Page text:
WFBM-TV advertisement from The Indianapolis Star, April 29, 1962.

The Indianapolis 500 has been broadcast on television in the United States dating back to 1949. Local television station WFBM-TV (now WRTV-6) carried the “500” live for the first time in 1949 and again in 1950. Then from 1964 to 1970, MCA broadcast the race live on closed-circuit television, a telecast which was available in theaters and other venues across the country. The American Broadcasting Company (ABC) first covered the “500” with highlights on its popular anthology series “Wide World of Sports” from 1965 to 1970. From 1971 to 1985, the race was aired on same-day tape-delay in primetime on ABC. Since 1986, the race has been has aired live in “flag-to-flag” format. In 2019, after more than five decades on ABC, the race moved to the NBC network.

In addition to Indy 500 race coverage, time trials, practice, and other ancillary events (including the 500 Festival Parade and the 500 Victory Banquet) have also been aired on television over the years. Much like the race itself, the Indy 500 on television has a colorful and nostalgic history. While some film and newsreel footage of the race exists as far back as the first “500” in 1911, the earliest telecasts are generally presumed to be “lost”.

This five-part article will dive deep into the history of the Indianapolis 500 on television.


“Local coverage” era (1949-1963)

Magnavox television advertisement (ca. 1949)

The first era of television coverage of the Indianapolis 500 commenced in 1949. While radio coverage of “500” dates back to as early as 1922, the first television coverage did not occur until after World War II. With television still in its infancy, the city of Indianapolis did not have a local TV station until WFBM signed on in 1949. WFBM-TV carried the race live for two years (1949-1950).

After 1950, live coverage of the race itself was no longer permitted. Nevertheless, WFBM continued to increase their coverage of the race, shifting their focus instead to time trials, practice, and various ancillary events. National television coverage of the race was still spotty, consisting primarily of news reports rather than sports play-by-play. Other TV stations in the greater Indianapolis area also began covering the race during the 1950s, including WTTV (Bloomington) which largely simulcast WFBM’s coverage. WTHI, WLW-i, and WISH all jumped on board, carrying their own highlight packages and track reports, however, WFBM-TV was by far the the leader in local race coverage. Tom Carnegie, best-known as the public address announcer at the Indianapolis Motor Speedway, was also the sports director at WFBM, and anchored many of their broadcasts from the Speedway. By the early 1960s, WFBM boasted over 100 hours of race coverage during the month of May between television and radio.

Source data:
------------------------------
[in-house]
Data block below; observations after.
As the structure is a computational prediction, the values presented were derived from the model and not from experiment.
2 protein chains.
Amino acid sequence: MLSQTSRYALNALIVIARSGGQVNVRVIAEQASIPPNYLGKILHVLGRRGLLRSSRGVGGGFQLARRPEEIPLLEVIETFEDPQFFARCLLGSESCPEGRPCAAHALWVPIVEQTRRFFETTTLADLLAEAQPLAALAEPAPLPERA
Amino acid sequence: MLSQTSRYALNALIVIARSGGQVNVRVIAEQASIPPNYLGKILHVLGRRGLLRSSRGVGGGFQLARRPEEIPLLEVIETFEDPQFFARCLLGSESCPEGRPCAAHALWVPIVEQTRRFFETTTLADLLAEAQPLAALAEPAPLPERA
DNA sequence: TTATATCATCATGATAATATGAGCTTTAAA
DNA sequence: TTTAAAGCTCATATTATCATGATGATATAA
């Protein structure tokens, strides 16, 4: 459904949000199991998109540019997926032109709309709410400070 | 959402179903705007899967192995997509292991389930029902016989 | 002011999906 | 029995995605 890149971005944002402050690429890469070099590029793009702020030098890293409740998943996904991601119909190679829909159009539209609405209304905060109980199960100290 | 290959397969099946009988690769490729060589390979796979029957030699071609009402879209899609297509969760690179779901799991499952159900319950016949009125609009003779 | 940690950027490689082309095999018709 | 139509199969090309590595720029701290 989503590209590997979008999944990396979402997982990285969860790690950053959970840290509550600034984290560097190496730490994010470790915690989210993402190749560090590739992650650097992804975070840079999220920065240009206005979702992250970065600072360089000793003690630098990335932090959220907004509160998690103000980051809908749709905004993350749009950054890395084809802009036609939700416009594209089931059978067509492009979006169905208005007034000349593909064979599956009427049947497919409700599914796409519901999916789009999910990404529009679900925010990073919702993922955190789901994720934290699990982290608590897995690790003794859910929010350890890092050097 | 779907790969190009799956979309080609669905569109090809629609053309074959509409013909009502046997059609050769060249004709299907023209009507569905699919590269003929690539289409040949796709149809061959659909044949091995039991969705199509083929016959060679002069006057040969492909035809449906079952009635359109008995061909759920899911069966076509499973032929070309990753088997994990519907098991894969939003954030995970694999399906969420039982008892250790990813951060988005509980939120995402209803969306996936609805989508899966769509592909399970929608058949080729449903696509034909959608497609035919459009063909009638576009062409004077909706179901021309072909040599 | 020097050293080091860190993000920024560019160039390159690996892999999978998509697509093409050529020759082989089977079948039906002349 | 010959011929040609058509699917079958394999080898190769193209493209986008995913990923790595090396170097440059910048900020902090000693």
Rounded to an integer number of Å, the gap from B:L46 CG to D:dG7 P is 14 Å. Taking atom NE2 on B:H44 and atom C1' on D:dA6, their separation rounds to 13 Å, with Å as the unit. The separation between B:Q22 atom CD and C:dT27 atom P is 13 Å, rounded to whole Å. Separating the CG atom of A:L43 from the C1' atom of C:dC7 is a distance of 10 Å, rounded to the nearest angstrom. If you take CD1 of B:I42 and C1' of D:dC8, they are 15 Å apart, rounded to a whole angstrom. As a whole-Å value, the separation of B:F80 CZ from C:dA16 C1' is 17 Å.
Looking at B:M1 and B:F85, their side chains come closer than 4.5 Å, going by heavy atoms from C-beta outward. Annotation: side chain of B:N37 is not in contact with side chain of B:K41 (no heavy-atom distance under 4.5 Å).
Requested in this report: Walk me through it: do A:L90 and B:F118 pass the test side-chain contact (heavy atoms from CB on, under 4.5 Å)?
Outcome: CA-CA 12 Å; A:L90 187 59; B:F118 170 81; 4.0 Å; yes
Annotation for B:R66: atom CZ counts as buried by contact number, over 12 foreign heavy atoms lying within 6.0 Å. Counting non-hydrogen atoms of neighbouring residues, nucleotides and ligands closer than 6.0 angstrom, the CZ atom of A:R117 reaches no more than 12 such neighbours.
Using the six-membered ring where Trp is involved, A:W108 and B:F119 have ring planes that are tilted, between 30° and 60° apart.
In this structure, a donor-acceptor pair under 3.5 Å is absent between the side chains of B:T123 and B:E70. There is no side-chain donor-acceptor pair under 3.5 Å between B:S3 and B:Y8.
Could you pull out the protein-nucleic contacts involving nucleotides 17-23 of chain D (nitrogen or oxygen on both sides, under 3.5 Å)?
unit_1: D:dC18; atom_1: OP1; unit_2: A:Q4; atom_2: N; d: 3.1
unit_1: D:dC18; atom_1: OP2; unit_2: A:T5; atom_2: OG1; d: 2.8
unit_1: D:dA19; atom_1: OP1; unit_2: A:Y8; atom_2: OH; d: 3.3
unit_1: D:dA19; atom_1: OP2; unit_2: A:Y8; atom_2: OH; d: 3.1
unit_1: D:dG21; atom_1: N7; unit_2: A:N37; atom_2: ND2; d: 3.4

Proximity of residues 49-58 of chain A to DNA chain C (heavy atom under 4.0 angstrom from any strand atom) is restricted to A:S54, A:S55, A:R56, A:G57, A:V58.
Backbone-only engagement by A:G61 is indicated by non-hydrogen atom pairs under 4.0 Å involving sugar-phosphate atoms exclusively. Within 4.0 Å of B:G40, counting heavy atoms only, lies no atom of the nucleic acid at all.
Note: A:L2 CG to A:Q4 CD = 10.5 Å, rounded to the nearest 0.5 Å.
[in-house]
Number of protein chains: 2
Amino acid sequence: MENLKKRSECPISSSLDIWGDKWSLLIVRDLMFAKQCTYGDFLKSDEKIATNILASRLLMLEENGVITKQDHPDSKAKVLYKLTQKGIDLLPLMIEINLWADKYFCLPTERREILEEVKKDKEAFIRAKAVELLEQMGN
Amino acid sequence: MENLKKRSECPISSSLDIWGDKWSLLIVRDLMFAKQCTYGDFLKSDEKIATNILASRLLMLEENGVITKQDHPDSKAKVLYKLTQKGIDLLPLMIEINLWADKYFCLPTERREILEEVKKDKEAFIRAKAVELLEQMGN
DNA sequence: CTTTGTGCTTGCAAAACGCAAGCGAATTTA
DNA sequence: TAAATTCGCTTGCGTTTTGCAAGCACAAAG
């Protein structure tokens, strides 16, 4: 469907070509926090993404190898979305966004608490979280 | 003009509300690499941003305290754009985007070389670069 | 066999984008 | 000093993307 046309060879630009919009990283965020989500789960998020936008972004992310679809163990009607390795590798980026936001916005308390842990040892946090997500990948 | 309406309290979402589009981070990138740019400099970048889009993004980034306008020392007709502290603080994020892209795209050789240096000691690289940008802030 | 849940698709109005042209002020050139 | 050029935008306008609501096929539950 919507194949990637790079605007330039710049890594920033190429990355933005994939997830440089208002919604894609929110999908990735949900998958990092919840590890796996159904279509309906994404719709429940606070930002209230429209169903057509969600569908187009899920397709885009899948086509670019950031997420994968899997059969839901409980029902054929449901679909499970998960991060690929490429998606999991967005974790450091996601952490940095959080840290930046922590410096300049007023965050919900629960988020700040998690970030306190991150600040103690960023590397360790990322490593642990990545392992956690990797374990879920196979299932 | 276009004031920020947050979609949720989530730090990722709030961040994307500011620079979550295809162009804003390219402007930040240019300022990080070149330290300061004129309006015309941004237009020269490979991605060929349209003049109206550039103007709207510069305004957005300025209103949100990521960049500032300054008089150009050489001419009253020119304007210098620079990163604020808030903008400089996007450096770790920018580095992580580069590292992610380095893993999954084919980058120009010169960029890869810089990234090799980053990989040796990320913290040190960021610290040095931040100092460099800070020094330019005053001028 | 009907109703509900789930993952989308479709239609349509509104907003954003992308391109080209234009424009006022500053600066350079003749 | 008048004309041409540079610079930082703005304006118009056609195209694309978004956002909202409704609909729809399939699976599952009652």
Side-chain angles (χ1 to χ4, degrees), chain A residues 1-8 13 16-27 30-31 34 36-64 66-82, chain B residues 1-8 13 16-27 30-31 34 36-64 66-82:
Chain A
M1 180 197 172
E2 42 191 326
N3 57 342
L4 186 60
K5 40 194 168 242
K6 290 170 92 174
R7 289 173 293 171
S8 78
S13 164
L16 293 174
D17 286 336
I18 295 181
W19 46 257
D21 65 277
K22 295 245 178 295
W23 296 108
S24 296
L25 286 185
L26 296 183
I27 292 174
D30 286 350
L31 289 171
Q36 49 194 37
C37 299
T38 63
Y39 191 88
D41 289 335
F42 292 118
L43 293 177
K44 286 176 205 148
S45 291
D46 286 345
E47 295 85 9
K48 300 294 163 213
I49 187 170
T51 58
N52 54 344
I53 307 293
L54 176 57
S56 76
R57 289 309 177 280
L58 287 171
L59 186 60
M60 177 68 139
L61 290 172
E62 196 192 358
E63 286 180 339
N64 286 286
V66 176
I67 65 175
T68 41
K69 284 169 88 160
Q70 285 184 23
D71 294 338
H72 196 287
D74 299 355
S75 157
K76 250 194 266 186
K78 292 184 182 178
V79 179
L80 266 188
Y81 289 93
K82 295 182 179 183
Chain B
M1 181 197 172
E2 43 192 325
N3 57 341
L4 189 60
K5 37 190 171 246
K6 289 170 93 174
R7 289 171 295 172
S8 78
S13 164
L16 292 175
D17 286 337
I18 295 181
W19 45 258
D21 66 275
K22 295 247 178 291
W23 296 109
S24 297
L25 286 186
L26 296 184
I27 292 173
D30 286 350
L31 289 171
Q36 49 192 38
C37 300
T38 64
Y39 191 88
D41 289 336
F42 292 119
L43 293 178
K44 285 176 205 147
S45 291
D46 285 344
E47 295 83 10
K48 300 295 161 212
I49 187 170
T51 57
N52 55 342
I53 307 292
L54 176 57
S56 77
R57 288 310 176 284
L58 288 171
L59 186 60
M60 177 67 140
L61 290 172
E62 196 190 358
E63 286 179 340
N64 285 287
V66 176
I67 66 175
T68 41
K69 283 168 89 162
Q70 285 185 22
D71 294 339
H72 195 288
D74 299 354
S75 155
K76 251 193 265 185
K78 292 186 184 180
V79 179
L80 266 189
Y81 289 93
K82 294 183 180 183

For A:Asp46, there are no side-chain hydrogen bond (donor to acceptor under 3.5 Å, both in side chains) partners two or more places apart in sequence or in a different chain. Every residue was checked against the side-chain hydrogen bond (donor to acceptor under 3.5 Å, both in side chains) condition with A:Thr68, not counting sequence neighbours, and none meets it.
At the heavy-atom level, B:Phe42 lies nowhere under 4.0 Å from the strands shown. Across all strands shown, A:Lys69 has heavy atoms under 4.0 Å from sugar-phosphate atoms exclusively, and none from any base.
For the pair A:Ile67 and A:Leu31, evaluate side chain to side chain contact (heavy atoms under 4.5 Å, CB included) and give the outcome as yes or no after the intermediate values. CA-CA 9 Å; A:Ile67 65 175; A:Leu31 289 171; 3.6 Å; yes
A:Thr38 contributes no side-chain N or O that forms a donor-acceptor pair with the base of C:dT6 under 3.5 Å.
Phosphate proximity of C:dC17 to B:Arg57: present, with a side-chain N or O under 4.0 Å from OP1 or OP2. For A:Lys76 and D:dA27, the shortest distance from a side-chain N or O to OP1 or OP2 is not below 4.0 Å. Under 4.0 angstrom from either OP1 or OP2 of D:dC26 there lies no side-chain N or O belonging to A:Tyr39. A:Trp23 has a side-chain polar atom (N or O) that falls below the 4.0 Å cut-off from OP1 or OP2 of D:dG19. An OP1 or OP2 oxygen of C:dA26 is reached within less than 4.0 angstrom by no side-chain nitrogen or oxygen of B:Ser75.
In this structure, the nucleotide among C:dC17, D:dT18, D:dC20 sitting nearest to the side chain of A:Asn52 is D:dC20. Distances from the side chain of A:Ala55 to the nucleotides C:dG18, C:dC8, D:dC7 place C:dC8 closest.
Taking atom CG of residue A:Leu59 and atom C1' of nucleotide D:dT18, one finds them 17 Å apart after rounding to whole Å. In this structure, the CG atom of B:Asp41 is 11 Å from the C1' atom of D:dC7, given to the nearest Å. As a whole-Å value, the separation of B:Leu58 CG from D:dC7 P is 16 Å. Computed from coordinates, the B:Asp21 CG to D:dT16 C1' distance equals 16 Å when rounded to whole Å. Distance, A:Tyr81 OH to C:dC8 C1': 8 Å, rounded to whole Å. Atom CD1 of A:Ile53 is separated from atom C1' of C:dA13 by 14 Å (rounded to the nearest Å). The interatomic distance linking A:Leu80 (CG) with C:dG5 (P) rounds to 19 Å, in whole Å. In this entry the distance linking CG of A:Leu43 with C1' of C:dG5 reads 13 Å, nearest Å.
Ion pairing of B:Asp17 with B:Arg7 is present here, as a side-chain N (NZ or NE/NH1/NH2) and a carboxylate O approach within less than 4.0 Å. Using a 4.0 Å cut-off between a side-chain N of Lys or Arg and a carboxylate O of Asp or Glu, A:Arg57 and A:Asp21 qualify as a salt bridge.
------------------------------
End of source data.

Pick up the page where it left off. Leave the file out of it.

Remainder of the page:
During this era, national coverage of the race was provided on radio. The Mutual Broadcasting System carried the race to a national audience from 1939 through 1950. In 1951, WIBC (1070-AM) carried the race, and offered its signal to Mutual affiliates. The Indianapolis Motor Speedway Radio Network was founded in 1952, and with hall of fame anchor Sid Collins, quickly grew to one of the largest radio syndication arrangements in the world. The IMS Radio Network carried the race live (flag-to-flag coverage beginning in 1953), and by 1958 covered time trials with four qualifying wrap-up shows.

By the 1960s, the national television networks began expressing interest in covering the race activities. Since coverage of the race itself was still embargoed by Speedway management, time trials and “race previews” would become the focus of attention. As the local TV channels were constantly expanding their coverage of the race, ABC provided the first dedicated national coverage when they aired time trials (taped) in 1961. It was the beginning of a 58-year partnership between ABC and the Indianapolis 500.


Indianapolis 500 on Television — Five-Part Series
Part 1
1949‒1963
Local Era
Part 2
1964‒1970
MCA/WWOS
Part 3
1971‒1985
Tape Delay
Part 4
1986‒2018
ABC Live Era
Part 5
2019-Present
NBC Era

1949

One of the WFBM cameras set up along the mainstretch (photo courtesy of WFBM/WRTV archives)

The first ever live television coverage of the Indianapolis 500 occurred in 1949. WFBM-TV (now known as WRTV-6), a brand new television station in Indianapolis, signed on for the first time on race morning Monday May 30, 1949. On April 18 of that year, a deal was struck to air the race, partially as an effort to boost television sales in the area. At 10:00 a.m. local time, a documentary titled The Crucible of Speed was the first program to air. At 10:30 a.m. local time, race coverage began with thirty minutes of pre-race coverage, followed by the start of the race at 11 a.m. Including pre-race and post-race, the broadcast totaled approximately five and a half hours.